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Sharlotte Ada Sarvis Neely
You are taking a random walk through our online cemetery.
Birth: Feb. 13, 1853
Horry County
South Carolina, USA
Death: unknown
Horry County
South Carolina, USA

The daughter of John Reynolds Sarvis and Elizabeth Prince Sarvis, Sharlotte Ada Sarvis Neely was born on February 13, 1853 in Allsbrook, Horry County, South Carolina and had ten siblings. She married Joseph E. Neely, and they had three out of five children who survived: Joseph Bowden Neely, Sr., Ada Catherine Neely Young (the twin of Oliver Neely who died in infancy), and Ruth Beatrice Neely Rogers. Her only surviving son is named for both her husband, Joseph, and one of her brothers, Bowden Sarvis, who died in a sawmill fire. She and her husband are probably buried in unmarked graves in the Pleasant Meadow Baptist Church Cemetery in Horry County near her Sarvis relatives. Where, when, and how did she die?

Through her mother Sharlotte was of French Huguenot and English descent. Sarvis is a coatal Carolina Native American surname. Her great-granddaughter Sharlotte Neely Donnelly is named for her.

An important point about American Indian (Native American) DNA ancestry should be made. Anthropologist Mary Helms created the term “colonial Indian tribes” in the 1960s to refer to societies which originated as recognizable entities only as a direct result of colonial policies. Colonial tribes are often a racially mixed people that over time became identified more with their Indian ancestry rather than their African or white ancestry. These groups are culturally Indian while ultimately having little, if any, Indian DNA. Colonial tribes include groups as diverse as the Miskito Indians of eastern Nicaragua (whom Helms studied); various Amazon tribes in Brazil; the Lumbee Indians of North Carolina; the Black Seminoles of Oklahoma, Mexico, and the Bahamas; and many others. The term colonial tribe attempts to get at the idea that someone can be culturally something (American Indian, for example) without being biologically something. So, it should not be surprising that someone with, for example, a Lumbee Indian ancestor would not necessarily test as having significant American Indian DNA.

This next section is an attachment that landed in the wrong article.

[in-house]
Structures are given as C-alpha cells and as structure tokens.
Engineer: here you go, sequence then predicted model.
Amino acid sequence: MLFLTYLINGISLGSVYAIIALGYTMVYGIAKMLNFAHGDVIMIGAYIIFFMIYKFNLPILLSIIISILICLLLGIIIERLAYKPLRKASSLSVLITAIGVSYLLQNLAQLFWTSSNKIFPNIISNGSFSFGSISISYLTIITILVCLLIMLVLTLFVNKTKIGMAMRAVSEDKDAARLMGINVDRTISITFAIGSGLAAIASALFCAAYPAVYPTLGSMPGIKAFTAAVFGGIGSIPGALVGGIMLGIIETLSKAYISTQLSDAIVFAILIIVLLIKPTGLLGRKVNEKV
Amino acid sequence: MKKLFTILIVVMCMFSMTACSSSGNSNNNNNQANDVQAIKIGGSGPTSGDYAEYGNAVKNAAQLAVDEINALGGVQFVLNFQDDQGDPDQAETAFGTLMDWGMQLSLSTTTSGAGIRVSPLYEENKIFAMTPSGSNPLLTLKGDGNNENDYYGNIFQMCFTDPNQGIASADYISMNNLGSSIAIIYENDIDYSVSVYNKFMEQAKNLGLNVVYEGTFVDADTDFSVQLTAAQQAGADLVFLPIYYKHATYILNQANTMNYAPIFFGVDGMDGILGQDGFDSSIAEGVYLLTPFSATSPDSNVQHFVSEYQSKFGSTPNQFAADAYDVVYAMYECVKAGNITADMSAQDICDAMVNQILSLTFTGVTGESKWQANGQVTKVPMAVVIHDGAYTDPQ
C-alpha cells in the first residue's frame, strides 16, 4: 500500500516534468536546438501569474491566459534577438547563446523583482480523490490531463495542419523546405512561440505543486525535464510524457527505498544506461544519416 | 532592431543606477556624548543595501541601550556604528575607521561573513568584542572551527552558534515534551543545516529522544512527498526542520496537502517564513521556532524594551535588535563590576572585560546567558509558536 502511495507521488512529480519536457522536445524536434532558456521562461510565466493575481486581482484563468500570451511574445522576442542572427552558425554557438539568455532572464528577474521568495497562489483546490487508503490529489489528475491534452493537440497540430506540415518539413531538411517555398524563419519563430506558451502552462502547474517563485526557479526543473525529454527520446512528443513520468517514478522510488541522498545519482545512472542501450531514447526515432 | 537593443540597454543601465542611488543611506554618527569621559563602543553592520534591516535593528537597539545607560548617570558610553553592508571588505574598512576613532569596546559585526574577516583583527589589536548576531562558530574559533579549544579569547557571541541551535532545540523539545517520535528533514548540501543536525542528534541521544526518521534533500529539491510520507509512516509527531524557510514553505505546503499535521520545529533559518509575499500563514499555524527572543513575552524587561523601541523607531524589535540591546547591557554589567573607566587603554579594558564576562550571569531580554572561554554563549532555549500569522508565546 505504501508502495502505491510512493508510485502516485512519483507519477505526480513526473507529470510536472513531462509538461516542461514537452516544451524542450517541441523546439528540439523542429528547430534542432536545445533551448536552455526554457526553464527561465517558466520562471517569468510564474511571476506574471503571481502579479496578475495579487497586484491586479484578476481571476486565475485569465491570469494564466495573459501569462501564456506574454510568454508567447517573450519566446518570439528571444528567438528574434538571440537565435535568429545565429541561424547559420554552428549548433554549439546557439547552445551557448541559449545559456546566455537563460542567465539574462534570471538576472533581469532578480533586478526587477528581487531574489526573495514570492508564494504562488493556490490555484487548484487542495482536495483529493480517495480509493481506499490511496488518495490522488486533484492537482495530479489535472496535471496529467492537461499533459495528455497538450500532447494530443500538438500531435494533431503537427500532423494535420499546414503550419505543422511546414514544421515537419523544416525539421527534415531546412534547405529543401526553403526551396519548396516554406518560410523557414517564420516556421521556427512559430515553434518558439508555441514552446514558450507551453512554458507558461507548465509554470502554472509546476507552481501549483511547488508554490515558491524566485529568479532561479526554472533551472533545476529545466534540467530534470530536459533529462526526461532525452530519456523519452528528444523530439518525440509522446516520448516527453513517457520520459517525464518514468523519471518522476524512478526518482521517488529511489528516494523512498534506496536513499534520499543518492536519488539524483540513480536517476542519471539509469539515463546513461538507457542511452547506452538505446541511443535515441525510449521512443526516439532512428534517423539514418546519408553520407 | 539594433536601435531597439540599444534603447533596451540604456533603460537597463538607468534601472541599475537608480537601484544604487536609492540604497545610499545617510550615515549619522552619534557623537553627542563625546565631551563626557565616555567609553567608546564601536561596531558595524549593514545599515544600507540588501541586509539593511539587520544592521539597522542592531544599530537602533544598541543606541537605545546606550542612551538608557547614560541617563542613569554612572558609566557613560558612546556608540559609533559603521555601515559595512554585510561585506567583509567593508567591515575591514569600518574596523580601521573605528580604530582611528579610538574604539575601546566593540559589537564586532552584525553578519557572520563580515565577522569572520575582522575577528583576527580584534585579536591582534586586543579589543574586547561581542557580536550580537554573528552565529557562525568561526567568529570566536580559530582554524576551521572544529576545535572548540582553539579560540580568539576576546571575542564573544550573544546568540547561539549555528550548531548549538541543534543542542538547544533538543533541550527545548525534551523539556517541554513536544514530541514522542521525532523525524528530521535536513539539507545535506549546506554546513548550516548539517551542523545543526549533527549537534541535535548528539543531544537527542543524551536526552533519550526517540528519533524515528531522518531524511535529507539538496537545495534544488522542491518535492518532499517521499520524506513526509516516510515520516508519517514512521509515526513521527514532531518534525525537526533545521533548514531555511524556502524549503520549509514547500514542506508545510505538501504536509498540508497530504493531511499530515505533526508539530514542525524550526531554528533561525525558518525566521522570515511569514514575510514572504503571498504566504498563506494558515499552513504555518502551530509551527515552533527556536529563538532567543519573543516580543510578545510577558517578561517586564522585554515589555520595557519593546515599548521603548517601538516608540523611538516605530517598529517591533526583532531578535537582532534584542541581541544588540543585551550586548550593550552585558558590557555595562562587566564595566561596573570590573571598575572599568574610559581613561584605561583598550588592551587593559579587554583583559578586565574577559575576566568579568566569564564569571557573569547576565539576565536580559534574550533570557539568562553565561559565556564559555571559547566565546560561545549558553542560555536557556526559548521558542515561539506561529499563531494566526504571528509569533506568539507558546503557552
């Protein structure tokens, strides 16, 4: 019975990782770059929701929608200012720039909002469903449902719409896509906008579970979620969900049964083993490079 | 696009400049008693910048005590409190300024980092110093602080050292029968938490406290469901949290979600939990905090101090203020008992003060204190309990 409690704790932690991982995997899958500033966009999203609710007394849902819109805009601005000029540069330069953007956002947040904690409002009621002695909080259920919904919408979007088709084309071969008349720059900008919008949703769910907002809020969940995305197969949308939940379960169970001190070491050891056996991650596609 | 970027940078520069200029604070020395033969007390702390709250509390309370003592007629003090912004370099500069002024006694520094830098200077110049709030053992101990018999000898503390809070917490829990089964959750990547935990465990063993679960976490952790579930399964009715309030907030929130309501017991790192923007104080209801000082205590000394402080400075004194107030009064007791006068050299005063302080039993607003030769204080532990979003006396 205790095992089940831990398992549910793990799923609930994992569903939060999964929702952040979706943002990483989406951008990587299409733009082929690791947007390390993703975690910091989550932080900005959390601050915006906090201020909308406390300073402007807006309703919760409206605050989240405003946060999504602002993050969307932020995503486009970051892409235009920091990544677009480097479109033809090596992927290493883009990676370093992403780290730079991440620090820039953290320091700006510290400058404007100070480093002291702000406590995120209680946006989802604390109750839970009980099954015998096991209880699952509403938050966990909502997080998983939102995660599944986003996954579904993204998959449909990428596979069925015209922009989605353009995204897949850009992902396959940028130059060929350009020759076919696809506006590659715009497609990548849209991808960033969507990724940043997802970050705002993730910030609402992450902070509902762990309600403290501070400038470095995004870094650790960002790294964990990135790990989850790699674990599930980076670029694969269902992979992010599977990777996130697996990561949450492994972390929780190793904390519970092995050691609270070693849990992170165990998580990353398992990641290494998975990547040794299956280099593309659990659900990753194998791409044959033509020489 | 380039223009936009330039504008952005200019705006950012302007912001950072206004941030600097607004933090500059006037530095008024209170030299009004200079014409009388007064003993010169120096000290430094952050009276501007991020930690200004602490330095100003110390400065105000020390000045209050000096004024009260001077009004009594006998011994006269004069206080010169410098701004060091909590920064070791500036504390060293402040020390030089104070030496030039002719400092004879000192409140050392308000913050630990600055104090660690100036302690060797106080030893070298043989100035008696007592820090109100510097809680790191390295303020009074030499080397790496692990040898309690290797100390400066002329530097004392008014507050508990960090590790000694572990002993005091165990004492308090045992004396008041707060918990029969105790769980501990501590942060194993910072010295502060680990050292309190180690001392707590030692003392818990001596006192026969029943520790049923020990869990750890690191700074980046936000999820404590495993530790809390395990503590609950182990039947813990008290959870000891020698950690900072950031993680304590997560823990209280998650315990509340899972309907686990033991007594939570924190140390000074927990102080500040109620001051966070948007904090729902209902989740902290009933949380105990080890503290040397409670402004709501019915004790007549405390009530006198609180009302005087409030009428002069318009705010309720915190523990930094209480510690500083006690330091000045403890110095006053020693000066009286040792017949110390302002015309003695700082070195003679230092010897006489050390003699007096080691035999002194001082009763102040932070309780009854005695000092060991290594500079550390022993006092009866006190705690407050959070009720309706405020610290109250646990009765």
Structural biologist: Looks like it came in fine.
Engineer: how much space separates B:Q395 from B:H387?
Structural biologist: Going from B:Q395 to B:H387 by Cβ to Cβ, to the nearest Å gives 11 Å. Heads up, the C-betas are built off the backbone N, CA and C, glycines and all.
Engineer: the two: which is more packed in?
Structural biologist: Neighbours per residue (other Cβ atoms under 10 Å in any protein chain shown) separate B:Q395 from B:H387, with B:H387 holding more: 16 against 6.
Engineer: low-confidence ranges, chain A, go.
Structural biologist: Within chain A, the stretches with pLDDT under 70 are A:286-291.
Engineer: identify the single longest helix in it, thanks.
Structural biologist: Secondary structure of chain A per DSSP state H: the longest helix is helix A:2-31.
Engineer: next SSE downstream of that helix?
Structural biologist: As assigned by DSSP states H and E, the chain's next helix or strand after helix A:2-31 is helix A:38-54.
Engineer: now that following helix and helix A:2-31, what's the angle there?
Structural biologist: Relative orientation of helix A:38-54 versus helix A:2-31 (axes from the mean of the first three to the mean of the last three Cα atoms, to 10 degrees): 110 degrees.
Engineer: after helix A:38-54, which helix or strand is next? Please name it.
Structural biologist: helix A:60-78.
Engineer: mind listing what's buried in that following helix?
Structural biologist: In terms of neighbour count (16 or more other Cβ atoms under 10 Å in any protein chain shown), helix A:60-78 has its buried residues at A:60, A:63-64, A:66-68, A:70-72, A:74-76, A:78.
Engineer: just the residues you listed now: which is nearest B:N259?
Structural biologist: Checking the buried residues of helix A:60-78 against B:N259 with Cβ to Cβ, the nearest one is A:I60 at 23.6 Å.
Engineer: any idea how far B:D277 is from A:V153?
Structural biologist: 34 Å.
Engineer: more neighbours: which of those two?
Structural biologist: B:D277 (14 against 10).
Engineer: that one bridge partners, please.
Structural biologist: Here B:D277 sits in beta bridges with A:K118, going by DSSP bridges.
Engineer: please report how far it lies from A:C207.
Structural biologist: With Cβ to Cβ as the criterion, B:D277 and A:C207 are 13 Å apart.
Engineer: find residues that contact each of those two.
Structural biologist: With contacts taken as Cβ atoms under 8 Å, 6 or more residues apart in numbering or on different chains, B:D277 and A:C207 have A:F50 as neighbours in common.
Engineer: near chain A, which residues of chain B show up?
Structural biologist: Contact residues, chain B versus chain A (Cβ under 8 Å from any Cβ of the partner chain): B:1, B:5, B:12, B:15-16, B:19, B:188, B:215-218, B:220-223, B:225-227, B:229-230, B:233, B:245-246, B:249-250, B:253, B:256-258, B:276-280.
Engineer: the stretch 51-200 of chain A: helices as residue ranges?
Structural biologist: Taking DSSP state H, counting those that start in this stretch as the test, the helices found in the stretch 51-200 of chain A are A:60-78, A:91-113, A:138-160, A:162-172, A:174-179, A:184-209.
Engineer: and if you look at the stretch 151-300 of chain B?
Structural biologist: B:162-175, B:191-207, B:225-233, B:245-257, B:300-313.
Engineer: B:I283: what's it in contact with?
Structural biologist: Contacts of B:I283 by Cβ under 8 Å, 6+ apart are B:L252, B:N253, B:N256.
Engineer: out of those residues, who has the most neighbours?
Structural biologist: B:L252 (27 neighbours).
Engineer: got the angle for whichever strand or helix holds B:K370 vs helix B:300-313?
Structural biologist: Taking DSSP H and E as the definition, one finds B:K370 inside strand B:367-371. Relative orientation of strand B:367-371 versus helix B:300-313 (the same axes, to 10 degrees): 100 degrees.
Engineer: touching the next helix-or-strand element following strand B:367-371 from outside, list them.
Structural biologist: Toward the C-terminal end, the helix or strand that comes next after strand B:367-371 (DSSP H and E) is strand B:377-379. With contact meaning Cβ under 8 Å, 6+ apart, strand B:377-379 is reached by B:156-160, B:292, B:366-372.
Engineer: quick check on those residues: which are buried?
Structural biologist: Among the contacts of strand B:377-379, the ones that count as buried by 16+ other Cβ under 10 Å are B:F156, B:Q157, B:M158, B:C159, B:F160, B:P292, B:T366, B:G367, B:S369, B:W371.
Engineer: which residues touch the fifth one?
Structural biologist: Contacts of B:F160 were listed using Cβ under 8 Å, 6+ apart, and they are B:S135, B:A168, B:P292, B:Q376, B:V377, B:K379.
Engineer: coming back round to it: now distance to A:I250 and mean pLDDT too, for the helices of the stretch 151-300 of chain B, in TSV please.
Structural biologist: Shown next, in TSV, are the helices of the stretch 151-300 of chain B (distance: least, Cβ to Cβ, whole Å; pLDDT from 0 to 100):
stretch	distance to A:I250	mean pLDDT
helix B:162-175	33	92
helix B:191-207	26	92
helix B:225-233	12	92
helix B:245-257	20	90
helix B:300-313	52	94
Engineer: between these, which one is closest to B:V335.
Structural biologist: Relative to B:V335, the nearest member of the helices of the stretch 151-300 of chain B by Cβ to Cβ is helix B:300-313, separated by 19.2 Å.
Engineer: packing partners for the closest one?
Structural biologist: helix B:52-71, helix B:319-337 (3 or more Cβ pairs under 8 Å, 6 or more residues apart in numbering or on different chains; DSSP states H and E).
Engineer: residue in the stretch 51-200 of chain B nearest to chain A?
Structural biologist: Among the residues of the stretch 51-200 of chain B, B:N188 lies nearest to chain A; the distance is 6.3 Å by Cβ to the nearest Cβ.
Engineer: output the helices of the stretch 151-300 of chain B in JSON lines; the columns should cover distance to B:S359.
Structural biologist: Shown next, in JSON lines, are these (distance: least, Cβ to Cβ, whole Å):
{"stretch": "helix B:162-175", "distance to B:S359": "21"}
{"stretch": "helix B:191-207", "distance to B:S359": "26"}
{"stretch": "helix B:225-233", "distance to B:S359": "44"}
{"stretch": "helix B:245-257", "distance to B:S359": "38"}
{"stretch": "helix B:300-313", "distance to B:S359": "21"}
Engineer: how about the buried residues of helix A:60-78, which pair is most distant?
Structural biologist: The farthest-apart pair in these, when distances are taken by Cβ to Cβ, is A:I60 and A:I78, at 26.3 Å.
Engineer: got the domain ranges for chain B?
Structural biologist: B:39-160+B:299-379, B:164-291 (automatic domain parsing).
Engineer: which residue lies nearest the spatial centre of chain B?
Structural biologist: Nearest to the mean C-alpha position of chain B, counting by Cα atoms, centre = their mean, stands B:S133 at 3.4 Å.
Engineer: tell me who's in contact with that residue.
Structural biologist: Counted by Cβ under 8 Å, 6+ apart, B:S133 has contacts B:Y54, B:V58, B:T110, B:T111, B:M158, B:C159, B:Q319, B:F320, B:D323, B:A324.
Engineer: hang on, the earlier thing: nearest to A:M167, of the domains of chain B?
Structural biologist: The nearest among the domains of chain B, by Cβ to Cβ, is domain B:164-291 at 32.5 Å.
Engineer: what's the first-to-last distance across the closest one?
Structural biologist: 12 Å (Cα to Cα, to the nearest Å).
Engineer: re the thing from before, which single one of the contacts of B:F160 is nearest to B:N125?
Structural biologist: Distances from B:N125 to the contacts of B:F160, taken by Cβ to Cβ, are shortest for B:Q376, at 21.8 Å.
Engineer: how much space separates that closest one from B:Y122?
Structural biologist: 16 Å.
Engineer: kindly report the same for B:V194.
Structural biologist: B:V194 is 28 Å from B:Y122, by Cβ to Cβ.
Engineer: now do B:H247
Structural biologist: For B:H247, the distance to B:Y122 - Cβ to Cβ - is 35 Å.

Thanks so much to descendant Kay Evans for much of this information. Any errors, however, are mine alone. Please go to the "edit" link on this site with any corrections or additions.
Family links: 
  John Reynolds Sarvis (1820 - 1879)
  Elizabeth Prince Sarvis (1830 - 1900)
  Joseph E. Neely (1862 - ____)*
  Infant Neely*
  Joseph Bowden Neely (1888 - 1928)*
  Ada Catherine Neely Young (1892 - 1988)*
  Oliver Neely (1892 - ____)*
  Ruth Beatrice Neely Rogers (1894 - 1978)*
  Edward Charles Sarvis (1840 - 1927)*
  Thomas Lester Sarvis (1847 - 1931)*
  William Scarborough Sarvis (1848 - 1862)*
  George Marsden Sarvis (1851 - 1871)*
  Helan Sarvis King (1852 - 1918)*
  Sharlotte Ada Sarvis Neely (1853 - ____)
  Rhoda Mary Elizabeth Sarvis Cartrette (1854 - 1934)*
  Elmmon A. Sarvis (1858 - ____)*
  Bowden Sarvis (1859 - ____)*
  Dock J Sarvis (1861 - 1931)*
  James S. Norton Sarvis (1862 - 1919)*
*Calculated relationship
Pleasant Meadow Baptist Church Cemetery
Horry County
South Carolina, USA
Plot: unmarked grave
Created by: Sharlotte Neely Donnelly
Record added: Jan 02, 2001
Find A Grave Memorial# 5131969
Sharlotte Ada <i>Sarvis</i> Neely
Added by: Sharlotte Neely Donnelly
Sharlotte Ada <i>Sarvis</i> Neely
Added by: Sharlotte Neely Donnelly
Sharlotte Ada <i>Sarvis</i> Neely
Added by: Sharlotte Neely Donnelly
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